Looting the Land Bank

2007-11-17 00:00

As recent correspondents to this newspaper have again highlighted, the land issue remains contentious and needs to be addressed with both urgency and good sense. It is a matter in which of all institutions in the country, the Land Bank should have a pivotal role to play. Founded in 1912 (and thus pre-dating the notorious Land Act of 1913 which, by reserving more that 90% of the country's land for exclusively white ownership, lies at the root of the current problem), the Land Bank has long been the financial backer for organised agriculture. In 1995, Nelson Mandela set up the Strauss Commission on Rural Finance to advise on the transformation of the bank and the outcome was a restructured organisation with, as its own website announces, a new mission “to deracialise the agricultural sector and bring on board farmers from previously marginalised groups to the mainstream of South Africa's agricultural sector”. This involves not only ensuring that emerging black farmers have access to land, but that they are equipped with the skills and financial resources to farm it productively.

There could arguably be nothing more central to the future social, political and economic stability of this country and the welfare of its people than that the agricultural sector should be transformed in this way and emerge with its productive capacity not just stable but enhanced, and the Land Bank claims this as its primary responsibility. In recent times, though, serious concerns have been raised about the lethargic way in which it has addressed its task. The perception that things were going awry has grown and recent events have provided dramatic clues as to where the problem lies. In late August, the National Treasury gave the Land Bank a R1,5 billion loan guarantee and a R700 million cash injection as part of a turnaround strategy, with Agriculture and Land Affairs Minister Lulama Xingwana blaming the apartheid legacy for the slow pace of transformation. A forensic audit conducted by Deloitte & Touche rang other alarm bells, however, and some 10 days ago cabinet resolved to refer the audit report to the SA Police Services and National Directorate of Public Prosecutions for further investigation and possible prosecution. Speculation that as much as R2 billion intended for farmers had been siphoned off by senior bank officials to fund their personal ventures has been corrected by a ministry statement that the figure was closer to R1 billion. Latest reports are that five senior board members, including chairperson Lungile Mazwai, have been dismissed.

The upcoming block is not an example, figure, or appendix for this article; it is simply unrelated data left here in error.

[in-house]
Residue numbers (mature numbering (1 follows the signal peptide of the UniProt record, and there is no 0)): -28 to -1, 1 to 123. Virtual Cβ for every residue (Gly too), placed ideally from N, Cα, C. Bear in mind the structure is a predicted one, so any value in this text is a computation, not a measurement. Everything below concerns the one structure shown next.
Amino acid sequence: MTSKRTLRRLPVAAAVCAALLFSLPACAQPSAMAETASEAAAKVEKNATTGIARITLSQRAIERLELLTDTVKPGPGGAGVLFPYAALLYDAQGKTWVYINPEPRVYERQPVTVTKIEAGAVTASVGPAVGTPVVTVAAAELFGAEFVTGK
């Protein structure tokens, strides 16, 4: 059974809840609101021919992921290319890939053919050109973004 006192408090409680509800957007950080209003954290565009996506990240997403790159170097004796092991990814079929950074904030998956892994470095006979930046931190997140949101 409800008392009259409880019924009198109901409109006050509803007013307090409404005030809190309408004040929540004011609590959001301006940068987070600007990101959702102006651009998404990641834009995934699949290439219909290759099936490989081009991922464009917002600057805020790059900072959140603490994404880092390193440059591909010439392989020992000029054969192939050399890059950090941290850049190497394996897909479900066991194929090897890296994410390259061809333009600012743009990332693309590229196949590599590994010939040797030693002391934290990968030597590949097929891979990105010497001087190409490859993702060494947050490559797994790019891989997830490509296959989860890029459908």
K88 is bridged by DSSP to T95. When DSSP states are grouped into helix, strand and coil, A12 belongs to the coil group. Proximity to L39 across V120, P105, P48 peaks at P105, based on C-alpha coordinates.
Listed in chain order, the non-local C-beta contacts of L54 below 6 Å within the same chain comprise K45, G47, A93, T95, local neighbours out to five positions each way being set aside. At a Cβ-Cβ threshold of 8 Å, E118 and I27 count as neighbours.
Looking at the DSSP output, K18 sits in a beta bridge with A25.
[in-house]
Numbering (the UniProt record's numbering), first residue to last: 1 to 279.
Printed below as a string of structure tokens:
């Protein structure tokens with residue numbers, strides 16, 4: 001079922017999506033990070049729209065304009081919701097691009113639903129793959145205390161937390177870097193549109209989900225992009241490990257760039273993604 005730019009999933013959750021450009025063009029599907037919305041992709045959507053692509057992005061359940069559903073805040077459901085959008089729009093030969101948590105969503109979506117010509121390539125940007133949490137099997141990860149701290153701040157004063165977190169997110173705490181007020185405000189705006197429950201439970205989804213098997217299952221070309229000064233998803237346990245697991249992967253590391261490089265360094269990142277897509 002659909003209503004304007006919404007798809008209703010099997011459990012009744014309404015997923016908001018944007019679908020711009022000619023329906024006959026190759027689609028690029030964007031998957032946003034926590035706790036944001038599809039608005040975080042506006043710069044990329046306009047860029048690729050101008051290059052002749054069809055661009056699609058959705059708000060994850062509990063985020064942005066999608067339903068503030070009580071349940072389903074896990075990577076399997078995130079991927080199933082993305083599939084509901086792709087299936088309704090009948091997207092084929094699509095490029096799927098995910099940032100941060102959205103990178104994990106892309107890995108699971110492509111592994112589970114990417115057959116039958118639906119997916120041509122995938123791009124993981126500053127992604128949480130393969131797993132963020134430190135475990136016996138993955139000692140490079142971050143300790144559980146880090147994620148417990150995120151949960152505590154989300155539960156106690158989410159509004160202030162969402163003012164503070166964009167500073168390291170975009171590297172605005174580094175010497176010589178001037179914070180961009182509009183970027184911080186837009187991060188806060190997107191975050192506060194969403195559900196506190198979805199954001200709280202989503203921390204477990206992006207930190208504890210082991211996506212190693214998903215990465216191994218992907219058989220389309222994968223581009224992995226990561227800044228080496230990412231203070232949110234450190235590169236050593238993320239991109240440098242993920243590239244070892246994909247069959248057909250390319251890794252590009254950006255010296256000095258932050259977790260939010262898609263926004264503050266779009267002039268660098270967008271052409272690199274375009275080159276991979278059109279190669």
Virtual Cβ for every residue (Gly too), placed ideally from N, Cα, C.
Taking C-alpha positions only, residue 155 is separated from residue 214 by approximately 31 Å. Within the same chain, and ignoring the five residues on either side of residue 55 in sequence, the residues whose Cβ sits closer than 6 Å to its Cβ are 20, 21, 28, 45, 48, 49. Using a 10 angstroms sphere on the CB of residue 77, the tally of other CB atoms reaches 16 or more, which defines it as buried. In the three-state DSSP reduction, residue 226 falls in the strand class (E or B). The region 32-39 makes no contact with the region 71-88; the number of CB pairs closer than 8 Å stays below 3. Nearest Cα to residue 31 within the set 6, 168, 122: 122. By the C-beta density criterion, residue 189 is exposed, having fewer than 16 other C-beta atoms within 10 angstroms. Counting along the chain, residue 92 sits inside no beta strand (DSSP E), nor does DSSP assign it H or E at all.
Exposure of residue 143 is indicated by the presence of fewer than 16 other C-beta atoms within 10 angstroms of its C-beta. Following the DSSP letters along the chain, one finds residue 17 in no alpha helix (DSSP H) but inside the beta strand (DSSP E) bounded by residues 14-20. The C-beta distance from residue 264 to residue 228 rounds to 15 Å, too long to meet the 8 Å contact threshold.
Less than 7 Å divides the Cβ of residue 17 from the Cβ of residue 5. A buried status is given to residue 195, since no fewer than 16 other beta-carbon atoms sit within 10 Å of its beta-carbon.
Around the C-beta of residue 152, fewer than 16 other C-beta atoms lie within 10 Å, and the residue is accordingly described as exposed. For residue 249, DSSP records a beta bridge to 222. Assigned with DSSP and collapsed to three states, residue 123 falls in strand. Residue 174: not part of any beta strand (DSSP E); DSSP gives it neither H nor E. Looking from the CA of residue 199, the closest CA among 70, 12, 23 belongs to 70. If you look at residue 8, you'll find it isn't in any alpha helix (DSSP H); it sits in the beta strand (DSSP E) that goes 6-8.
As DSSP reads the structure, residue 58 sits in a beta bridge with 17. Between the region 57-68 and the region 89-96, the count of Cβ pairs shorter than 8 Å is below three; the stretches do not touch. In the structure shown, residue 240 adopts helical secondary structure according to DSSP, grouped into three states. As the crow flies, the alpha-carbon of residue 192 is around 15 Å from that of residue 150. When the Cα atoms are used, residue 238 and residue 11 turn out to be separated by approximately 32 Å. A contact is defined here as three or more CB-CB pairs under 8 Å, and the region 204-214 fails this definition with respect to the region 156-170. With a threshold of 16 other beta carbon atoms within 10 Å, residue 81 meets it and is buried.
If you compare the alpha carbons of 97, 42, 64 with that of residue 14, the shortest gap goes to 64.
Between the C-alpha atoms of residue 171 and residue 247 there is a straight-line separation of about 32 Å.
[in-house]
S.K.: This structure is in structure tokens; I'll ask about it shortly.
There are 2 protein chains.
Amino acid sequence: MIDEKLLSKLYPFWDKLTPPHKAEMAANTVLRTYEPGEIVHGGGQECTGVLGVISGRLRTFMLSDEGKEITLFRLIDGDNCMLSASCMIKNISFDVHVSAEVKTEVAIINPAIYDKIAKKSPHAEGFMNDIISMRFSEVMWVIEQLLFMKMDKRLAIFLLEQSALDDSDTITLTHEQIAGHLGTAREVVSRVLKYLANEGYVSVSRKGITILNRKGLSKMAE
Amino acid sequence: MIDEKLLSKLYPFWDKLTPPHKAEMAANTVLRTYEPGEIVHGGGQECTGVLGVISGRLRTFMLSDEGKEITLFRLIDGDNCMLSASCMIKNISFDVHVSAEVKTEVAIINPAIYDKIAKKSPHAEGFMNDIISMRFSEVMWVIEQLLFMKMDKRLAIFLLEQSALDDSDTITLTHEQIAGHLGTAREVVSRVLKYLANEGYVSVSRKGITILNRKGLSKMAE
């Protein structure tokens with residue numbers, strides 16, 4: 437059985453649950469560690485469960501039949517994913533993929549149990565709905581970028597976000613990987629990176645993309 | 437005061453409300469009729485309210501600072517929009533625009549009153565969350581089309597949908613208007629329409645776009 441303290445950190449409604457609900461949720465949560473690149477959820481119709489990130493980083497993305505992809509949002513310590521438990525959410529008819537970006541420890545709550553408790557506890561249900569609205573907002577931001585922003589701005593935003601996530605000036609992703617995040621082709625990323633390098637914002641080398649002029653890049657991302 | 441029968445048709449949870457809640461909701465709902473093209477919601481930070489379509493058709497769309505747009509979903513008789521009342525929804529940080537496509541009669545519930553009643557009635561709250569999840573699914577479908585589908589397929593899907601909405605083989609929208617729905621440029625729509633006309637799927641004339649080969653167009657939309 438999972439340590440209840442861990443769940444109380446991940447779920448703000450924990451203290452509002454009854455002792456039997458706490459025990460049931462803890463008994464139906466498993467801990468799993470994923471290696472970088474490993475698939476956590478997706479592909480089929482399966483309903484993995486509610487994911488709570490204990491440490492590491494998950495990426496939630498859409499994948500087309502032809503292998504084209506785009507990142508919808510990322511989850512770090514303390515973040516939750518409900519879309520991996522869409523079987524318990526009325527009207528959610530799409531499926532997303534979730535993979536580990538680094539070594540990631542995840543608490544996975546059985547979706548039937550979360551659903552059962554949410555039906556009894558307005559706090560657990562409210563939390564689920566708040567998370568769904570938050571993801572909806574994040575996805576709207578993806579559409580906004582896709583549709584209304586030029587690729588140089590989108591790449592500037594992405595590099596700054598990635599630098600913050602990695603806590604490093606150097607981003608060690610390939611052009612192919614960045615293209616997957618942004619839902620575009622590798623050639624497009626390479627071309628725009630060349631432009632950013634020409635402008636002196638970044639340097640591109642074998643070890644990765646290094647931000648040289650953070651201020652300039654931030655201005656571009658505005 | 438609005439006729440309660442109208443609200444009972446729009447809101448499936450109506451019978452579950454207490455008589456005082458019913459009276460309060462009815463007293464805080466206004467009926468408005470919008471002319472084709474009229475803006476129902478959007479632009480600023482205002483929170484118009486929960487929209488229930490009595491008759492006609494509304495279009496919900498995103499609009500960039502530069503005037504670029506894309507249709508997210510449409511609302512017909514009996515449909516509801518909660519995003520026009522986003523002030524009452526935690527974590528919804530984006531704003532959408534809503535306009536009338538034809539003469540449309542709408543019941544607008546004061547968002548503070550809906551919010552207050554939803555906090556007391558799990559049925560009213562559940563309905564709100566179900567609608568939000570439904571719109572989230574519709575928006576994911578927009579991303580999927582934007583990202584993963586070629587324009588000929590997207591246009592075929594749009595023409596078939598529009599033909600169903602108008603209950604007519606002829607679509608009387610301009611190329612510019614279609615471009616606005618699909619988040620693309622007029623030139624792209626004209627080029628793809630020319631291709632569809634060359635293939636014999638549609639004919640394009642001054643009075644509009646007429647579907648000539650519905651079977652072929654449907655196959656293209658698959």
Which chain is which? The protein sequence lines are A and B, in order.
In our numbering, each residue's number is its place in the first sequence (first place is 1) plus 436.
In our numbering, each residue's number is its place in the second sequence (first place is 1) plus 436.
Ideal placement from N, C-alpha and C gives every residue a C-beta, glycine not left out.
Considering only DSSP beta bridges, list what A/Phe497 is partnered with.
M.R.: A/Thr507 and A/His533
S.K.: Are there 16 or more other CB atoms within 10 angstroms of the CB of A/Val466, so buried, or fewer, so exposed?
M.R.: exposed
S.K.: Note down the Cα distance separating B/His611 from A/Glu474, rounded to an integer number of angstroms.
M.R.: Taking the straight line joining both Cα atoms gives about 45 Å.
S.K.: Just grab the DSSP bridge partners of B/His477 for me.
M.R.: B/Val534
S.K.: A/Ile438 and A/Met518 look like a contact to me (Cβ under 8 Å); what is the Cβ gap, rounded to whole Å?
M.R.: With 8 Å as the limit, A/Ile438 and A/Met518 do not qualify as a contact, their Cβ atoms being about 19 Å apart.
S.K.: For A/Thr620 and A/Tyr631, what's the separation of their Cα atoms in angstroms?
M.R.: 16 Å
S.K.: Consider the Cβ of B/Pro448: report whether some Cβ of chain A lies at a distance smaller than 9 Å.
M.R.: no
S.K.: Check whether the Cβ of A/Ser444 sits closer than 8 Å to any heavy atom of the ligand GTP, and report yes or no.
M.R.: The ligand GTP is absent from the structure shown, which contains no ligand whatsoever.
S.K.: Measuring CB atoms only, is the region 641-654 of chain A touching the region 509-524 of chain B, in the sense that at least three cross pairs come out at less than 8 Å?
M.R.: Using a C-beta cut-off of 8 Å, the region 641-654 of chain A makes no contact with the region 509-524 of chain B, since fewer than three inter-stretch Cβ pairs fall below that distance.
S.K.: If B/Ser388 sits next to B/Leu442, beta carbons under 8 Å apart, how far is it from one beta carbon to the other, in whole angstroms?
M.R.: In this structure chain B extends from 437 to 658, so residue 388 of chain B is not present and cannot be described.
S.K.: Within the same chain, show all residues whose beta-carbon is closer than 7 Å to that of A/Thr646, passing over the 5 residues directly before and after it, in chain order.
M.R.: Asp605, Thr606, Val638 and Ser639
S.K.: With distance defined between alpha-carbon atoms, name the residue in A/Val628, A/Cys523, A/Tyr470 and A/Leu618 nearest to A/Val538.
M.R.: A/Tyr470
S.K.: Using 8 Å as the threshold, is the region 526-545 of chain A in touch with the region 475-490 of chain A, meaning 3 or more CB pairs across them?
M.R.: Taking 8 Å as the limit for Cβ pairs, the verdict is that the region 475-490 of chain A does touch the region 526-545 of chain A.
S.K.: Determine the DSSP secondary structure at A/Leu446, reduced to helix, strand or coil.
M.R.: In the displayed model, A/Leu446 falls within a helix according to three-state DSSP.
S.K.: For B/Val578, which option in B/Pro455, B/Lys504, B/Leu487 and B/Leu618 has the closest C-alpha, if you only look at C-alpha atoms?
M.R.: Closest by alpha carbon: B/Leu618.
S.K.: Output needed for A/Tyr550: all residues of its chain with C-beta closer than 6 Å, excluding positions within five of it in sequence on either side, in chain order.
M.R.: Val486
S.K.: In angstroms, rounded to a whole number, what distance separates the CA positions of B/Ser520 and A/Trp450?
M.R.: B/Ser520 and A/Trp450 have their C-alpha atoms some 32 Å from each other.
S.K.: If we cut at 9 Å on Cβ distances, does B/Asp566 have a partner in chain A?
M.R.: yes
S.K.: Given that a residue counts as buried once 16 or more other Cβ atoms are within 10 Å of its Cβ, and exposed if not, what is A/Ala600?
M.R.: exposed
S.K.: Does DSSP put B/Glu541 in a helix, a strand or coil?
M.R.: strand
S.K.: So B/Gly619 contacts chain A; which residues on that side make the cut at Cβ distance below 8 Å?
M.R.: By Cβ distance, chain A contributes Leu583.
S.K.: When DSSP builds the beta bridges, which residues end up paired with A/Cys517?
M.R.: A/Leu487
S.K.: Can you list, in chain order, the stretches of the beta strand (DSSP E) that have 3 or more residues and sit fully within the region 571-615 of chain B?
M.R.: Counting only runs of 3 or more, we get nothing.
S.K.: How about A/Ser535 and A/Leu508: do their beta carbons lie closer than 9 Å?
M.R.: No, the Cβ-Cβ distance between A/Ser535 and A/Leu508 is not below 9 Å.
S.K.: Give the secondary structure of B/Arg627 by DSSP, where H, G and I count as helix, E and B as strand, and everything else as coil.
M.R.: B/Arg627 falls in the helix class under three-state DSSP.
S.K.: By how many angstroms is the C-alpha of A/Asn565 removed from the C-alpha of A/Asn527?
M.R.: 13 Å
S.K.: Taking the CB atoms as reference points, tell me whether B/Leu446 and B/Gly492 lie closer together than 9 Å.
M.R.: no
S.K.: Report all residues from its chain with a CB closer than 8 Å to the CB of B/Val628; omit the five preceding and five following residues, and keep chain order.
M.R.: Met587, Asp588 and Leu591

No doubt further investigation is already in hand and more sackings, and possibly prosecutions, can be expected. So far, in a sense, so good: the watchdog has proved to be alert, the corruption has been identified and action has been taken. It may well be asked how it is that so many corrupt and corruptible people have managed to be appointed to positions of high responsibility, but the system seems to have worked. The question remains, however, whether its working is effective enough and salutary enough. Will this be another instance (and the public has seen too many of these recently) where manifestly corrupt high officials get away with the proverbial slap on the wrist, merely getting fired and perhaps fined? These people have abused their position, betrayed the trust placed in them, and, by their personal greed, have jeopardised an important national cause. They ought not only to pay every cent back, but to be put away in prison for a very long time.

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